fastest pickle in the west

I once had a boyfriend who was so desperate for pickles, he’d even drink a jar of pickle juice.  I still haven’t quite forgiven him for scarfing down my expensive, hand-crafted practically Kobe-beef-fussiness-quality Japanese pickles that were carefully stowed away in my tiny apartment refrigerator in Tokyo.  Bonzai, cried he, and shinkansened out of town before I could beat him with a keisaku.  Thanks to his quick escape, we are still friends today, and I feed him pickles when I can.

So this post is for him.

It’s also for anyone who likes new dill pickles, the ones you get for free in New York delis, the half-sour ones.  Sometimes called refrigerator pickles, mine are much better (she said, humbly) because they have the spirit of half-sours but take less than half the time of than regular refrigerator pickles.  I developed the recipe while making real new dill pickles, a dubious wild fermentation preparation of whey, brine, and sitting on a counter for a couple days.  (The Master Food Preserver in me says no, the mouth is saying let’s go.)  When they work, they’re wonderful, slightly fermented, bright lime green, crisp, lovely.  When they don’t, well, you could die of botulism.

But the pickles I’m touting here are absolutely safe, and while not as good as real, fermented new dills, they are an excellent substitution and they only take a few hours to make.  Having a BBQ this weekend?  Try making these in the morning and serving them with your ribs in the evening.  The pickles last about a day, but the quality starts to deteriorate after that, so plan accordingly.

The preparation is inspired by Japanese cucumber salad, and also by my great-grandmother’s recipe for sweet and sour vinegar cucumber salad.  In both of these salads, the cucumbers are sliced, salted, and left to sit in a seasoned vinegar and water solution.  The Japanese sometimes add seaweed or sesame seeds; my great-grandma added thinly sliced white onion.  I was making my regular new dill pickles, as I mentioned, and I ran out of the requisite whey before I ran out of anything else, so I was inspired to turn a long wait into something fresh and salad-like, but with dill flavor.  I thought it might be an amenable idea to add pickling spices, garlic, and a couple heads of fresh dill to a brine and serve the cucumber “pickles” that night as a salad.  And sure enough, it worked.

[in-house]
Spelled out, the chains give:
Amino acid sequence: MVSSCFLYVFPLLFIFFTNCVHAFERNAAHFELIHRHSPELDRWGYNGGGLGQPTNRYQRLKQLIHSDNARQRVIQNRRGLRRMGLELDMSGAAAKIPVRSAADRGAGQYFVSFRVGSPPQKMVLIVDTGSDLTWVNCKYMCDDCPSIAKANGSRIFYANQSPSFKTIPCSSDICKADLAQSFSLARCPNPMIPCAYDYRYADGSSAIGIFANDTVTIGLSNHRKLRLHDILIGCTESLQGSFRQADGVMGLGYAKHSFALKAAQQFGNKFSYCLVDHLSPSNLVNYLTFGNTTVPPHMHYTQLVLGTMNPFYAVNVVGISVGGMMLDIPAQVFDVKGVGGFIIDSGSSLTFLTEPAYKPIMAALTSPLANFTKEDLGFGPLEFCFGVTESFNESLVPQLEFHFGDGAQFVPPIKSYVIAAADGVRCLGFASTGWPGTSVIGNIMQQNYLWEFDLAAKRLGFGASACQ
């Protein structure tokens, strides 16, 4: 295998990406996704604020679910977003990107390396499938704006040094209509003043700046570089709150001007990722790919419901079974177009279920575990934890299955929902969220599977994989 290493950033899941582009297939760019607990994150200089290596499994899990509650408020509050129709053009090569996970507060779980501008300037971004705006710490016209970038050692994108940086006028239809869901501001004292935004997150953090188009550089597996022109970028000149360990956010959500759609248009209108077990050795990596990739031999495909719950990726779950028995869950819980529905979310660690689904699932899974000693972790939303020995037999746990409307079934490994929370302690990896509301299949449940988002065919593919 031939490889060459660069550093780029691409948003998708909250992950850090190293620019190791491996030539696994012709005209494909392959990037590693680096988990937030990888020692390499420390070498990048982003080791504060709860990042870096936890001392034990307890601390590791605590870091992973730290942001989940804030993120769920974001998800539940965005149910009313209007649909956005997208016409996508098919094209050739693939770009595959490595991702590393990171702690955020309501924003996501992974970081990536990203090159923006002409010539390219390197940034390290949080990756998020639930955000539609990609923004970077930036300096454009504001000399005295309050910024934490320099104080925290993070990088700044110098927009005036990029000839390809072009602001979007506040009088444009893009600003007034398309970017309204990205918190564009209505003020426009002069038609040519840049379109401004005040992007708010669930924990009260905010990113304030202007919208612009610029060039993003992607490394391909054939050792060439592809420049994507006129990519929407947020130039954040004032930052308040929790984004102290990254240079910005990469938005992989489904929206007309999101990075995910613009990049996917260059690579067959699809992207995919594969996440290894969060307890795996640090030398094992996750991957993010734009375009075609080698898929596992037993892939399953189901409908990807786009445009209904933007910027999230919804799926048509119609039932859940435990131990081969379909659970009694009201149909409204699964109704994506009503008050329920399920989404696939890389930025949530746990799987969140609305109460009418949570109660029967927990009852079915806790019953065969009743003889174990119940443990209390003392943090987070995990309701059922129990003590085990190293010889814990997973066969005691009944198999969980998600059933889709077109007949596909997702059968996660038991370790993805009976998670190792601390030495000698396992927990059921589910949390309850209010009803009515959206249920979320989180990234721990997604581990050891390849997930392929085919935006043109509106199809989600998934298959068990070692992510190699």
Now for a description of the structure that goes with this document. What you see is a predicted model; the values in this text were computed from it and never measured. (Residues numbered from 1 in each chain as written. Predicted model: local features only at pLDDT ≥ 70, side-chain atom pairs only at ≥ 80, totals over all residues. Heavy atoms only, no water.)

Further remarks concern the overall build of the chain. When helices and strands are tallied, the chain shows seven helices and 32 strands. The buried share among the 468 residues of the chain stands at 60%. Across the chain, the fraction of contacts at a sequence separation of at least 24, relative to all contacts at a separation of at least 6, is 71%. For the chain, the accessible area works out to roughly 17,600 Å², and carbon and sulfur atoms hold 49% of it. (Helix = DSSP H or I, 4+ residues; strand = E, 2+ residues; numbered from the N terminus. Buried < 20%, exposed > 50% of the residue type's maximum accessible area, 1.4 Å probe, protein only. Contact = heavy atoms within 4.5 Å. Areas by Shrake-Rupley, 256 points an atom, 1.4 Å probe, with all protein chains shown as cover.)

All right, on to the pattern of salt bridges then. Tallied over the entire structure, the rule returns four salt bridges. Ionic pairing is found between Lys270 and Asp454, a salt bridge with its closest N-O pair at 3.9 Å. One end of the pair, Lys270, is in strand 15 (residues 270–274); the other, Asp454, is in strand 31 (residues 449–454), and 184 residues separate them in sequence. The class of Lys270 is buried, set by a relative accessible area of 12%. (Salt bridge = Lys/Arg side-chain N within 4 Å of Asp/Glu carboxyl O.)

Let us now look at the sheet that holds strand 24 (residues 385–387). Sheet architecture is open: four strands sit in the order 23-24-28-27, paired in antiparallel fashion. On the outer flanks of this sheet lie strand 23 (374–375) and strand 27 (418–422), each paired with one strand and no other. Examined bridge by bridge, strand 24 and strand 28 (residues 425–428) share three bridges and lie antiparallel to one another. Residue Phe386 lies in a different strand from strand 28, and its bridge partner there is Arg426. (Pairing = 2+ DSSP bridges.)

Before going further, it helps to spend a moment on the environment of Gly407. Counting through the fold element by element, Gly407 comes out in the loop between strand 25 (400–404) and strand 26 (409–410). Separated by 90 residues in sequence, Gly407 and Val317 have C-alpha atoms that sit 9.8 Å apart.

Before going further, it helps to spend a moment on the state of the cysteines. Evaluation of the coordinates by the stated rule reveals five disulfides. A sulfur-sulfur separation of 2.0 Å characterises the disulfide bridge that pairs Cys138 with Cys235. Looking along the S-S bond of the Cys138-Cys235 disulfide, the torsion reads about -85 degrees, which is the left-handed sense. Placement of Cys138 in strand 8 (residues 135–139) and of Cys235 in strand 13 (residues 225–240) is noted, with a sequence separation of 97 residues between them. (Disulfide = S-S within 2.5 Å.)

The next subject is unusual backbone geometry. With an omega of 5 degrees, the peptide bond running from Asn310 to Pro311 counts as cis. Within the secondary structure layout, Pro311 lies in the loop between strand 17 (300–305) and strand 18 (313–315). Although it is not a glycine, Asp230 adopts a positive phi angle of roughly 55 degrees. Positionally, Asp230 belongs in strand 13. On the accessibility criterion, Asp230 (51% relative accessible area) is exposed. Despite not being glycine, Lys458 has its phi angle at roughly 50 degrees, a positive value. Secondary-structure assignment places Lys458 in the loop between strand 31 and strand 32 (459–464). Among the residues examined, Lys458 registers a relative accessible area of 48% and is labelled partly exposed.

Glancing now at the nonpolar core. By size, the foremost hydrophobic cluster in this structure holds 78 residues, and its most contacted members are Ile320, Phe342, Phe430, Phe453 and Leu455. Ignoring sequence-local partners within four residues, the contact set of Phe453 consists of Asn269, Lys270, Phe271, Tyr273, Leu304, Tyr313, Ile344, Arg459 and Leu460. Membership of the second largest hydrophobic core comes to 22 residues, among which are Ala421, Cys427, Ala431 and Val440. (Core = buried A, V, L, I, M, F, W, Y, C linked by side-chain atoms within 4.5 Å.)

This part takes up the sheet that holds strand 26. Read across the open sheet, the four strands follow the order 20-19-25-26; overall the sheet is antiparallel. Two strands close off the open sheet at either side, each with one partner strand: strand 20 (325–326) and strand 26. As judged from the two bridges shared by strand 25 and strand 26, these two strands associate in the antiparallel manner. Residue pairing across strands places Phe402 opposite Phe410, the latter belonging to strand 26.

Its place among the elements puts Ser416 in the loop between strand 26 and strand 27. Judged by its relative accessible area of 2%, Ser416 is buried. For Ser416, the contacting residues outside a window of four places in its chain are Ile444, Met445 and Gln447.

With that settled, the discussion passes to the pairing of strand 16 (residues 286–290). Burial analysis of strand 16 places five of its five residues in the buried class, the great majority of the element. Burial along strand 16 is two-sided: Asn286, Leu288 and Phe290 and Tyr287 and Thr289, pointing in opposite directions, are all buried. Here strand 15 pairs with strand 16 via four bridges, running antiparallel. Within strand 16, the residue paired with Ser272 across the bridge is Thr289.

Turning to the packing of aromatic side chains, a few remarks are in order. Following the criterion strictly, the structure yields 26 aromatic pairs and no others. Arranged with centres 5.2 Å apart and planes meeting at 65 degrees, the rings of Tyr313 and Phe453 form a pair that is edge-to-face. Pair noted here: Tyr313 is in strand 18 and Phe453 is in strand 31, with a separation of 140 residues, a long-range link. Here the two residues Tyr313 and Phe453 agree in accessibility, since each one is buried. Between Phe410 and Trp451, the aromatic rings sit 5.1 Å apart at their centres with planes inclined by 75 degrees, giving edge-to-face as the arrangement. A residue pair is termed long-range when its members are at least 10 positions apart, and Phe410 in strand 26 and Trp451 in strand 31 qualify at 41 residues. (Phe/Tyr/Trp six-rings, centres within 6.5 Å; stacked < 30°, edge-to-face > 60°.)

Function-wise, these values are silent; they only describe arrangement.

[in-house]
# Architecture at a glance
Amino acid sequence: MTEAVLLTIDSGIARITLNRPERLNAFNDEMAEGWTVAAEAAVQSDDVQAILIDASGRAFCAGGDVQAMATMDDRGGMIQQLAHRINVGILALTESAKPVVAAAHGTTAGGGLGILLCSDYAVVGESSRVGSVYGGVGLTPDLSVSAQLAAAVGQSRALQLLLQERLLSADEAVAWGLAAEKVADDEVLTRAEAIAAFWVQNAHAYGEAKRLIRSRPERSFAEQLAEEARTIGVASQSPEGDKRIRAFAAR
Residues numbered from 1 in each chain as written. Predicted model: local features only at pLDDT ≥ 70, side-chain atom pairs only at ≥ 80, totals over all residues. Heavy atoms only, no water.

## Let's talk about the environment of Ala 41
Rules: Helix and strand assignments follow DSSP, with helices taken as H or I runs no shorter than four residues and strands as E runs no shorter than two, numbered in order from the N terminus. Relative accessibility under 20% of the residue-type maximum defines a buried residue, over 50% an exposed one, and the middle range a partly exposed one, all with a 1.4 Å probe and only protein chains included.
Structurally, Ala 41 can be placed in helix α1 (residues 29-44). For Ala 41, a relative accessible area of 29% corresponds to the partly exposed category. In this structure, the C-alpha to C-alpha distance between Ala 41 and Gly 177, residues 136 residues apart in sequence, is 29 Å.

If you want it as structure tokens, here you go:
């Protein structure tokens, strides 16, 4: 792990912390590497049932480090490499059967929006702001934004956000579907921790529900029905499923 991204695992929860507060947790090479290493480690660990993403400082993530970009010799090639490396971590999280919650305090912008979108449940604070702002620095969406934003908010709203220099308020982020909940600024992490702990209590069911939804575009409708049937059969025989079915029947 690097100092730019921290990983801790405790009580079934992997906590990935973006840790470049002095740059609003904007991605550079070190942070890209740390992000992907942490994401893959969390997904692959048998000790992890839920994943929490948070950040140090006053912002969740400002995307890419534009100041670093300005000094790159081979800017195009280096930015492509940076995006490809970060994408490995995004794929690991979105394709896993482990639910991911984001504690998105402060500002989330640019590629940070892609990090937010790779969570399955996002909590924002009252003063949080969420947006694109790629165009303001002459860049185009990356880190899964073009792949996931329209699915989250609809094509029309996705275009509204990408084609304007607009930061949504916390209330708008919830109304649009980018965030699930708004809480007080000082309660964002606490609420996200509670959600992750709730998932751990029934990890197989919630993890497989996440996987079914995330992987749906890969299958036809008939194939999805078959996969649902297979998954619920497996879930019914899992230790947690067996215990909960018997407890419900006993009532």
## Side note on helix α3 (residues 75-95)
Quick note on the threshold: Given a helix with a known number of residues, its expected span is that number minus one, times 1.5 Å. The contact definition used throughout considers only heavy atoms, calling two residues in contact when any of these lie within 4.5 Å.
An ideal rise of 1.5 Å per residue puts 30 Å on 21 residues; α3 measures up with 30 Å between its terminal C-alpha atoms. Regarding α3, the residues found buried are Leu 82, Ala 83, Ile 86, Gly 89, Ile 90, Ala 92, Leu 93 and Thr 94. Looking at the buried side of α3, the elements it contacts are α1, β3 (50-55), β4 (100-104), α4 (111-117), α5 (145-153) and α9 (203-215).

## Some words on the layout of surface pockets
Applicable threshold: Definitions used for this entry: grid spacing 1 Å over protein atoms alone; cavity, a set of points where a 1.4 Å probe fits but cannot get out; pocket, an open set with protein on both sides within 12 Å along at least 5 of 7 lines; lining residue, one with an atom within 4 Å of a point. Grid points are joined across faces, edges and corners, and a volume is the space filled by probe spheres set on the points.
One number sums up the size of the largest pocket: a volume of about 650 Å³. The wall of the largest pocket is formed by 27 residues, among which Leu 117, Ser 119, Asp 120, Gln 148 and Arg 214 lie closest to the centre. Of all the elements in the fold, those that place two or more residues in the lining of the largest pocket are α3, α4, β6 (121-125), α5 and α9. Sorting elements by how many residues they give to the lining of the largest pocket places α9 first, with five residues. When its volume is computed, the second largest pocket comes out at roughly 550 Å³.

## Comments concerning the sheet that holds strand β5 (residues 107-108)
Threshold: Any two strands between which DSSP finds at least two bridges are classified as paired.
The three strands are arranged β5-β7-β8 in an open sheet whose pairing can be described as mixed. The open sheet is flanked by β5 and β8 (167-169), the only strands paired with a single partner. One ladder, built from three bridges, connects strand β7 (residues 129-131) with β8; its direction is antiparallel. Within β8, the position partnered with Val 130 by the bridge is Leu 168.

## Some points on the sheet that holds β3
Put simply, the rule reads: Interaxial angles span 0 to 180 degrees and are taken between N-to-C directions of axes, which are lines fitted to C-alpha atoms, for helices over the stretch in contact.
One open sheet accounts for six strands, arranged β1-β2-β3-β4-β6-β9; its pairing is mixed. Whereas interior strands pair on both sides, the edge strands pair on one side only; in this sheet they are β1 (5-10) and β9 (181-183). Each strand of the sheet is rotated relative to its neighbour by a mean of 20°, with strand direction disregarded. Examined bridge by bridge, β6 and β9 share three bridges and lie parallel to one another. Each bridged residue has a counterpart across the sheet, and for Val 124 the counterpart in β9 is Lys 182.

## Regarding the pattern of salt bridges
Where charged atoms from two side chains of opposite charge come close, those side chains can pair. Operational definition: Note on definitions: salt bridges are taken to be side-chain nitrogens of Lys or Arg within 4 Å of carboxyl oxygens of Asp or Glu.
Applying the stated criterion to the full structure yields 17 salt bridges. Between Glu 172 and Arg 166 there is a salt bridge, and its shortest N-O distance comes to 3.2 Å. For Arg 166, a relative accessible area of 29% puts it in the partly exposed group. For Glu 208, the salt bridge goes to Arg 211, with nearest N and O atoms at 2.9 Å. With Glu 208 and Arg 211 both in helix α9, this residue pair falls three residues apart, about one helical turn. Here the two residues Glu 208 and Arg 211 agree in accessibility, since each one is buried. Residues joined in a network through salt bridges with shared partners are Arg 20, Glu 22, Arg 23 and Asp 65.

Can you tell I’m super pleased by this one?  I am.  I have pickle addicts to feed.

Fastest Pickle in the West

  • 4 cups sliced pickling cucumbers (1/2-inch slices)
  • 3 cups cold water
  • 1 T. sea salt
  • 1 t. white vinegar
  • 1 T. pickling spices
  • 1 t. brown mustard seeds
  • 3-4 garlic cloves, crushed
  • 2 fresh dill heads, or substitute 2 t. dill seeds (not weed)

Wash pickling cucumbers well and slice.  Make brine of water, salt and vinegar.  Mix well, then pour over cucumbers in bowl or plastic container for marinating.  Add pickling spices, mustard seeds, garlic and dill.  Cover container and refrigerate at least 4 and up to 12 hours.  Does not keep for longer than a day or two.

5 thoughts on “fastest pickle in the west

  1. lovemyfood 21 July 2008 / 8:45 pm

    Yep, they are usually good to eat after 24 hours or so. I wish the cute, fat, bumpy, delicious, pickling cucumbers were more widely available – I would use those in a heart beat :)

    Like

  2. Eugenia 21 July 2008 / 8:50 pm

    I think I’ll try small whole ones, then! I know that if you call a local farm stand, they can often make up a bag of beautiful bumpy little guys for you — even choosing which size you want. I got lucky at Lone Pine Farm (or unlucky, given that I was planning to do other things that day!) and they had huge bags of three sizes, S, M and L, for sale.

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  3. lovemyfood 24 July 2008 / 10:04 pm

    I’ll try a farmer’s market I haven’t been to yet on the weekend :)

    Like

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